I looked for this book yesterday, and I found it where I remembered it as having been. That in itself is a small miracle. Usually a decision to look for a book is the kiss of death as far as finding it. Typically I will then find the book six months or a couple of years later when looking for another one. As you can imagine I don't have much of a shelving system. But this one was where it should have been. Maybe more than a small miracle. We moved into this house in 1977 but the room where the b ...more
AJ Griffin
Jul 03, 2007 rated it really liked it  ·  review of another edition
Recommends it for: your grandparents
Step Two in my attempts to not be a racial invalid. This book, which if I remember correctly was mostly written in prison from a rape conviction, does not do much to promote the "we're really all the same" attitude; in my naivety, I was probably surprised to hear this coming from a black guy. It was undoubtedly also the first time I heard negative opinions of The Reverend Doctor Martin Luther King Jr. from someone who wasn't a certified white supremacist.

Mr. Cleaver makes no attempt to smooth o
Czarny Pies
Jan 05, 2016 rated it did not like it  ·  review of another edition
Recommends it for: Those anxious to face their youthful follies squarely.
Recommended to Czarny by: Rolling Stone.
I really should give this revolting book this book five stars, instead of one, in recognition of the fact that it demonstrated what idiocy I am capable of. I belong in other words to the generation that read this book, recommended it highly to everyone for two years and spent the next forty years being highly embarrassed about having done so.

Eldridge Cleaver was a serial rapist who said he enjoyed committing the act more with white women than black. He was also a homophobe and an advocate of vio
Jonathan Maas
Apr 01, 2016 rated it it was amazing  ·  review of another edition
Incredible. Though some of the specifics of Eldridge Cleaver's ideology are a bit dated, his overall intellect shines through in this tome that shares uncomfortable truths about not only Western society, but modern society in general.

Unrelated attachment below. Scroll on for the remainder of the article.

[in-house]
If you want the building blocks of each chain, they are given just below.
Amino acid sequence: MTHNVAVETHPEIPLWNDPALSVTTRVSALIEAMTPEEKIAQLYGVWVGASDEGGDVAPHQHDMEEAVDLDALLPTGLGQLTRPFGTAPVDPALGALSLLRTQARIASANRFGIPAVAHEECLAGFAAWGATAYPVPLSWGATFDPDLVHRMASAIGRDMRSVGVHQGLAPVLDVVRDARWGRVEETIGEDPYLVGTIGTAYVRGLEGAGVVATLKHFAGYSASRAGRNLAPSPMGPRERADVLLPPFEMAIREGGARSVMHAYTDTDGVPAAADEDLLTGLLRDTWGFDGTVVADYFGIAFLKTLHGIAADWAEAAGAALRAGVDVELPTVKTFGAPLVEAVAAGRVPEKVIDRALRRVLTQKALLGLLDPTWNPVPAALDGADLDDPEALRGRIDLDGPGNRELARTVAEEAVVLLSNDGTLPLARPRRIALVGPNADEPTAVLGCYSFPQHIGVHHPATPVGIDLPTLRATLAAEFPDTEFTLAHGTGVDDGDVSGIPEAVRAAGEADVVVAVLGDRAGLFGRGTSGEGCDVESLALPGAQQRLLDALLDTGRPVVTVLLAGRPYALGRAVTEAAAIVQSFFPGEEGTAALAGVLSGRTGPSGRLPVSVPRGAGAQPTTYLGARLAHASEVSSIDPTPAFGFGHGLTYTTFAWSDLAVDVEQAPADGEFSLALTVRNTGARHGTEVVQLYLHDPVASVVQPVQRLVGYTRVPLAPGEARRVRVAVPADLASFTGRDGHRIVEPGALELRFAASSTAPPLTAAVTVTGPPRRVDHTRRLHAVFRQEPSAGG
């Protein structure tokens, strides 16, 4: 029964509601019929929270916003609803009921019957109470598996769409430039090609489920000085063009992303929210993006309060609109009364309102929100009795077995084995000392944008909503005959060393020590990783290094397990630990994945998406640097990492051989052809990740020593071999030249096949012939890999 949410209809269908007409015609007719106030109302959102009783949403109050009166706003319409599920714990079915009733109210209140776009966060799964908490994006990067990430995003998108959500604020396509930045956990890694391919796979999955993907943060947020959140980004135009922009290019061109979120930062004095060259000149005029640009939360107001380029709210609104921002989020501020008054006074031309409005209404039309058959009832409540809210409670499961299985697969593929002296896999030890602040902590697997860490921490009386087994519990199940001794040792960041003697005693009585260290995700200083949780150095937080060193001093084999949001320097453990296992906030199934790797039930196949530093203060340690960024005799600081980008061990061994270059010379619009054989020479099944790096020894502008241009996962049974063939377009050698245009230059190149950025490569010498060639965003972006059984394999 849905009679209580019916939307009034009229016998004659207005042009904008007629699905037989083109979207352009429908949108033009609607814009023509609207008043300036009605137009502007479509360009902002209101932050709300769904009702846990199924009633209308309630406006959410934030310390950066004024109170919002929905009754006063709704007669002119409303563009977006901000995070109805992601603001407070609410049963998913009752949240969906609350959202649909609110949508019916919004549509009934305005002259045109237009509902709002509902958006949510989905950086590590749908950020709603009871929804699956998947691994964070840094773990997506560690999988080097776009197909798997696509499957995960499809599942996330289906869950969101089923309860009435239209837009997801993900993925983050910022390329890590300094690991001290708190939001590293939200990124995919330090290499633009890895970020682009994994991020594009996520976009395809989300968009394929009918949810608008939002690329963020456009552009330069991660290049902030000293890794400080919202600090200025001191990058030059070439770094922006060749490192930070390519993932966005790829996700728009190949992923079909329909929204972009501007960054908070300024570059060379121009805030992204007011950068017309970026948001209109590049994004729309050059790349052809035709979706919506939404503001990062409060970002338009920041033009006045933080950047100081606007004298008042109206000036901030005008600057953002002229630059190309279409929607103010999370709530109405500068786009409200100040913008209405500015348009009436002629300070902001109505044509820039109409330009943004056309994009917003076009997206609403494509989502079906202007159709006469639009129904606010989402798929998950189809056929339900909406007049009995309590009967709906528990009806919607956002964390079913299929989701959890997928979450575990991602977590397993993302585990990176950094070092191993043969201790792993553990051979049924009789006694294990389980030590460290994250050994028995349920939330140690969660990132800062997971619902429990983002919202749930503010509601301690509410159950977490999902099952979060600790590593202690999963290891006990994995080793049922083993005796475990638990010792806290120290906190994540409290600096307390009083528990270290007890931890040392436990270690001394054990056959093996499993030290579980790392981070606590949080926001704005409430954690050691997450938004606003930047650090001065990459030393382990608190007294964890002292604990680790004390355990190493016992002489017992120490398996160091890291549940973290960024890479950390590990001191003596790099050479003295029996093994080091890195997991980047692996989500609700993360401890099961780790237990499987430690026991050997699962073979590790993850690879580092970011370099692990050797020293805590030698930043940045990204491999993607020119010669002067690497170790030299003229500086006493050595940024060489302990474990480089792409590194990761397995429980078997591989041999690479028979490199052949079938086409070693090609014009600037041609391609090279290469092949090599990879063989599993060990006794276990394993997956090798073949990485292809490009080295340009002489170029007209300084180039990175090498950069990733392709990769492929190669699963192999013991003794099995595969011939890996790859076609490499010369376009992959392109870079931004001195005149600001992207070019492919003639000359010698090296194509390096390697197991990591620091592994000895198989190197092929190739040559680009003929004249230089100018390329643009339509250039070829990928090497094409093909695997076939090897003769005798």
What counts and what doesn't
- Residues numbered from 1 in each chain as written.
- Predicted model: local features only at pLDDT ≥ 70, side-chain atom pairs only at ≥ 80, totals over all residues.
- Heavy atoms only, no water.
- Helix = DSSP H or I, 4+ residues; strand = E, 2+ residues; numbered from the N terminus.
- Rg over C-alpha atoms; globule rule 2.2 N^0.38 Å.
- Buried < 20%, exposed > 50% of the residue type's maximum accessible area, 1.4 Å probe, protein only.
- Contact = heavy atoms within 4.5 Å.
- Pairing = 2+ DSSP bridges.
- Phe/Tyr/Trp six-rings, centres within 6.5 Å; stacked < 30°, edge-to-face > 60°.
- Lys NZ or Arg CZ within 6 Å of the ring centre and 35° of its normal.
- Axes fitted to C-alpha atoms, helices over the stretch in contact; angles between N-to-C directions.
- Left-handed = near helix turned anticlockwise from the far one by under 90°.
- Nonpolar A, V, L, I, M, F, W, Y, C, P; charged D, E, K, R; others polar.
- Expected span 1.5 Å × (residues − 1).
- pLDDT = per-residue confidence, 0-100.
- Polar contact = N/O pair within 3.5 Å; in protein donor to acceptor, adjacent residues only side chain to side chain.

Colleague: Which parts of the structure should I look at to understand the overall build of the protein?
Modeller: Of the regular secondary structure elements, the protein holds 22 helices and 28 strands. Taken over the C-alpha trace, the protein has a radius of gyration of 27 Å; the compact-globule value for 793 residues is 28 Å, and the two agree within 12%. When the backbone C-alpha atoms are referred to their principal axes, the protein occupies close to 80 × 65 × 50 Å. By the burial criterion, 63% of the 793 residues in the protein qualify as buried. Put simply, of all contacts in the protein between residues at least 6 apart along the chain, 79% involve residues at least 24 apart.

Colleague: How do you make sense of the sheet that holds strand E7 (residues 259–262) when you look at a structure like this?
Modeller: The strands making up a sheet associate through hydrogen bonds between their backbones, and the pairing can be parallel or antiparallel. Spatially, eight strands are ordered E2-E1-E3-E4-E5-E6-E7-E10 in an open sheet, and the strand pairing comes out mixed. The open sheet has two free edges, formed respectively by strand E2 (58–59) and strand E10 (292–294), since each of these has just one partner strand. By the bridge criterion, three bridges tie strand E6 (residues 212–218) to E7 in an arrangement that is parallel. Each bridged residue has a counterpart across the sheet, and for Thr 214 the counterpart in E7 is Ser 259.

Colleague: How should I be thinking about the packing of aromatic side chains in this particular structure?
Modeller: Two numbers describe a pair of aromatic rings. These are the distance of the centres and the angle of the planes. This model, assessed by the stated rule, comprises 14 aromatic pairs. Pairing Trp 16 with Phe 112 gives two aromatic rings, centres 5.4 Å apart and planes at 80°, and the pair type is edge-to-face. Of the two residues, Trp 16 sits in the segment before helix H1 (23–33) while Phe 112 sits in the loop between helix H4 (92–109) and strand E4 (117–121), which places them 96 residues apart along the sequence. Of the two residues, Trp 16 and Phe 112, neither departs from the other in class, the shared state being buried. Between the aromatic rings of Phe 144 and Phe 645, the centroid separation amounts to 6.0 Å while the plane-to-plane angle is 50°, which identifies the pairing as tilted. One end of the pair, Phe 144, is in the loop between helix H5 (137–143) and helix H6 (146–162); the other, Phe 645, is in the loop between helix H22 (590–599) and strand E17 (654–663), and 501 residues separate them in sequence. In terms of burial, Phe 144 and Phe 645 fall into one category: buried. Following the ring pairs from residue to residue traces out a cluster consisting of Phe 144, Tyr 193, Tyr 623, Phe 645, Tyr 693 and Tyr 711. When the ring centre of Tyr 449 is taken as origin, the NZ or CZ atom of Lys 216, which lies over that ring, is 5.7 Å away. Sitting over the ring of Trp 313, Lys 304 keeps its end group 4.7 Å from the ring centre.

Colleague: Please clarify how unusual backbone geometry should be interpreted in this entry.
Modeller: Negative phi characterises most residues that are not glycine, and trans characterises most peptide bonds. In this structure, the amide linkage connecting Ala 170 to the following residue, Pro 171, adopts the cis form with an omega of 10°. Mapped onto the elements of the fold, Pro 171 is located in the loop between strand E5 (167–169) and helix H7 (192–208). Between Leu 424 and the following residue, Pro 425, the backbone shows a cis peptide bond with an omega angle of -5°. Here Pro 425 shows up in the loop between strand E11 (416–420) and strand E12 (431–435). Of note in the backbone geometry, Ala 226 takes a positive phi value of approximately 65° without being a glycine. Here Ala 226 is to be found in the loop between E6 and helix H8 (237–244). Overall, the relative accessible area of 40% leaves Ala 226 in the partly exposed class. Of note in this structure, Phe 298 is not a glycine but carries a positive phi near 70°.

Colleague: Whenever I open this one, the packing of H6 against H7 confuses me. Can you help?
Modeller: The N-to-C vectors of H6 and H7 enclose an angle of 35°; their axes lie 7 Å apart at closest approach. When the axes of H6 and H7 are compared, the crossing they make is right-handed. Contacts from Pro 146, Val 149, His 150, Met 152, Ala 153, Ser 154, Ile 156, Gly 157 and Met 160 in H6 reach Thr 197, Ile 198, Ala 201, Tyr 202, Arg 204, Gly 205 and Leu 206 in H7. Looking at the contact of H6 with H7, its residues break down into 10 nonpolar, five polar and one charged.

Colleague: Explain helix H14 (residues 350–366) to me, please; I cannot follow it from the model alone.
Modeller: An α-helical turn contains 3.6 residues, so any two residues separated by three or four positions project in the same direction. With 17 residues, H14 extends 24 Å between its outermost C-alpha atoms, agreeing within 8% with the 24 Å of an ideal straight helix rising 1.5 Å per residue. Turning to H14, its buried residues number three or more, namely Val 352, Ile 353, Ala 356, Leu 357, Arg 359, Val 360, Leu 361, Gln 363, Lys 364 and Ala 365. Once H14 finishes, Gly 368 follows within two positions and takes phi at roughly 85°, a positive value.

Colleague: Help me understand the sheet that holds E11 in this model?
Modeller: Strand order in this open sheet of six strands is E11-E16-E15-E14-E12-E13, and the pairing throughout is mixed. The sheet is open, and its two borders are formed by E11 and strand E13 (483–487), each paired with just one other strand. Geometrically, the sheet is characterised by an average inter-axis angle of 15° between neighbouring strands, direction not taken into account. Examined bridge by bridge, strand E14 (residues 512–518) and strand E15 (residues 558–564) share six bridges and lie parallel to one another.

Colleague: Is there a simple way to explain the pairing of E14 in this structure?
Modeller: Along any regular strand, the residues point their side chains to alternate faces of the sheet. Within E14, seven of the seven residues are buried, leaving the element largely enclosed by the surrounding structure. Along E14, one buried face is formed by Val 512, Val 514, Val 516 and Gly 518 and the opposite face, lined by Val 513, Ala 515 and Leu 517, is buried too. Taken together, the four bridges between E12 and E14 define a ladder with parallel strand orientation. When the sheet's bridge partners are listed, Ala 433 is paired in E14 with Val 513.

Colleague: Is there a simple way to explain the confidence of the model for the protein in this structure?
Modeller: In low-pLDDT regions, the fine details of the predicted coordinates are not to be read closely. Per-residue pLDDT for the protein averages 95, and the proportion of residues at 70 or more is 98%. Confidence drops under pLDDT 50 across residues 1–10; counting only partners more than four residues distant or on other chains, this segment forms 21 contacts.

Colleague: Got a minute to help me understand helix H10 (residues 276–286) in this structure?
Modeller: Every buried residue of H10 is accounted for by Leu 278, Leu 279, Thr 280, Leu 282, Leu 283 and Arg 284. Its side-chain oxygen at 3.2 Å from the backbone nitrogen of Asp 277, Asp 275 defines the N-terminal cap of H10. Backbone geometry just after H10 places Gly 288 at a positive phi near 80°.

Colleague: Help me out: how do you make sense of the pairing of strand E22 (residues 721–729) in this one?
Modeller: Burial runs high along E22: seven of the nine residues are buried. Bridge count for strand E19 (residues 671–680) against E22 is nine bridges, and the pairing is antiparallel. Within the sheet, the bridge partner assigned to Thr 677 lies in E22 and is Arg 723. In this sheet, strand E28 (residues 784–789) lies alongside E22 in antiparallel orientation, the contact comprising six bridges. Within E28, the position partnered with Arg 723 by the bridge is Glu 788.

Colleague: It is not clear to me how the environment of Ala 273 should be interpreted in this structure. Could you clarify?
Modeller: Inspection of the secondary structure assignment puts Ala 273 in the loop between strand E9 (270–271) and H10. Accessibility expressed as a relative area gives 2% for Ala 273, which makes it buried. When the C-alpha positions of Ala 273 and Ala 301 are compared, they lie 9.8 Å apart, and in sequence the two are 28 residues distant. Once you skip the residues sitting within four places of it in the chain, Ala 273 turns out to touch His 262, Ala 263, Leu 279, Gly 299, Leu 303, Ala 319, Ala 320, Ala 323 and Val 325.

The best part of this is the story of Cleaver himself. Was a criminal until he was sent to prison, and then he started to read, and read and read. Bang - all of a sudden he's writing critiques of Norman Mailer (Author), James Baldwin and more - and his words have an
Aug 15, 2007 rated it it was ok  ·  review of another edition
I've never liked Eldridge Cleaver.

There's a fascinating anecdote in the Wikipedia article about Cleaver: It claims that he applied for a technical writer position at Apple Computer in 1980; his resume listed a single publication, this book. Apple's documentation staff had read the book, evidently didn't want to work with a sociopath, and therefore declined to hire him.
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Leroy Eldridge Cleaver, better known as Eldridge Cleaver, was a writer and political activist who became an early leader of the Black Panther Party.

In 1958 he was put in jail for rape. There he was given a copy of The Communist Manifesto. When he got released he joined the Black Panther Party. He then joined the Oakland-based Black Panther Party, serving as Minister of Information, or spokesperso
More about Eldridge Cleaver...
“I know that sometimes people fake on each other out of genuine motives to hold onto the object of their tenderest feelings. They see themselves as so inadequate that they feel forced to wear a mask in order to continuously impress the other. I do not want to "hold" you, I want you to "stay" out of your own need for me.” 32 likes
“Ah, what sights and sounds and pain lie beneath that mist. And we had thought that our hard climb out of that cruel valley led to some cool, green and peaceful, sunlit place---but it's all jungle here, a wild and savage wilderness that's overrun with ruins. But put on your crown, my Queen, and we will build a New City on these ruins.” 7 likes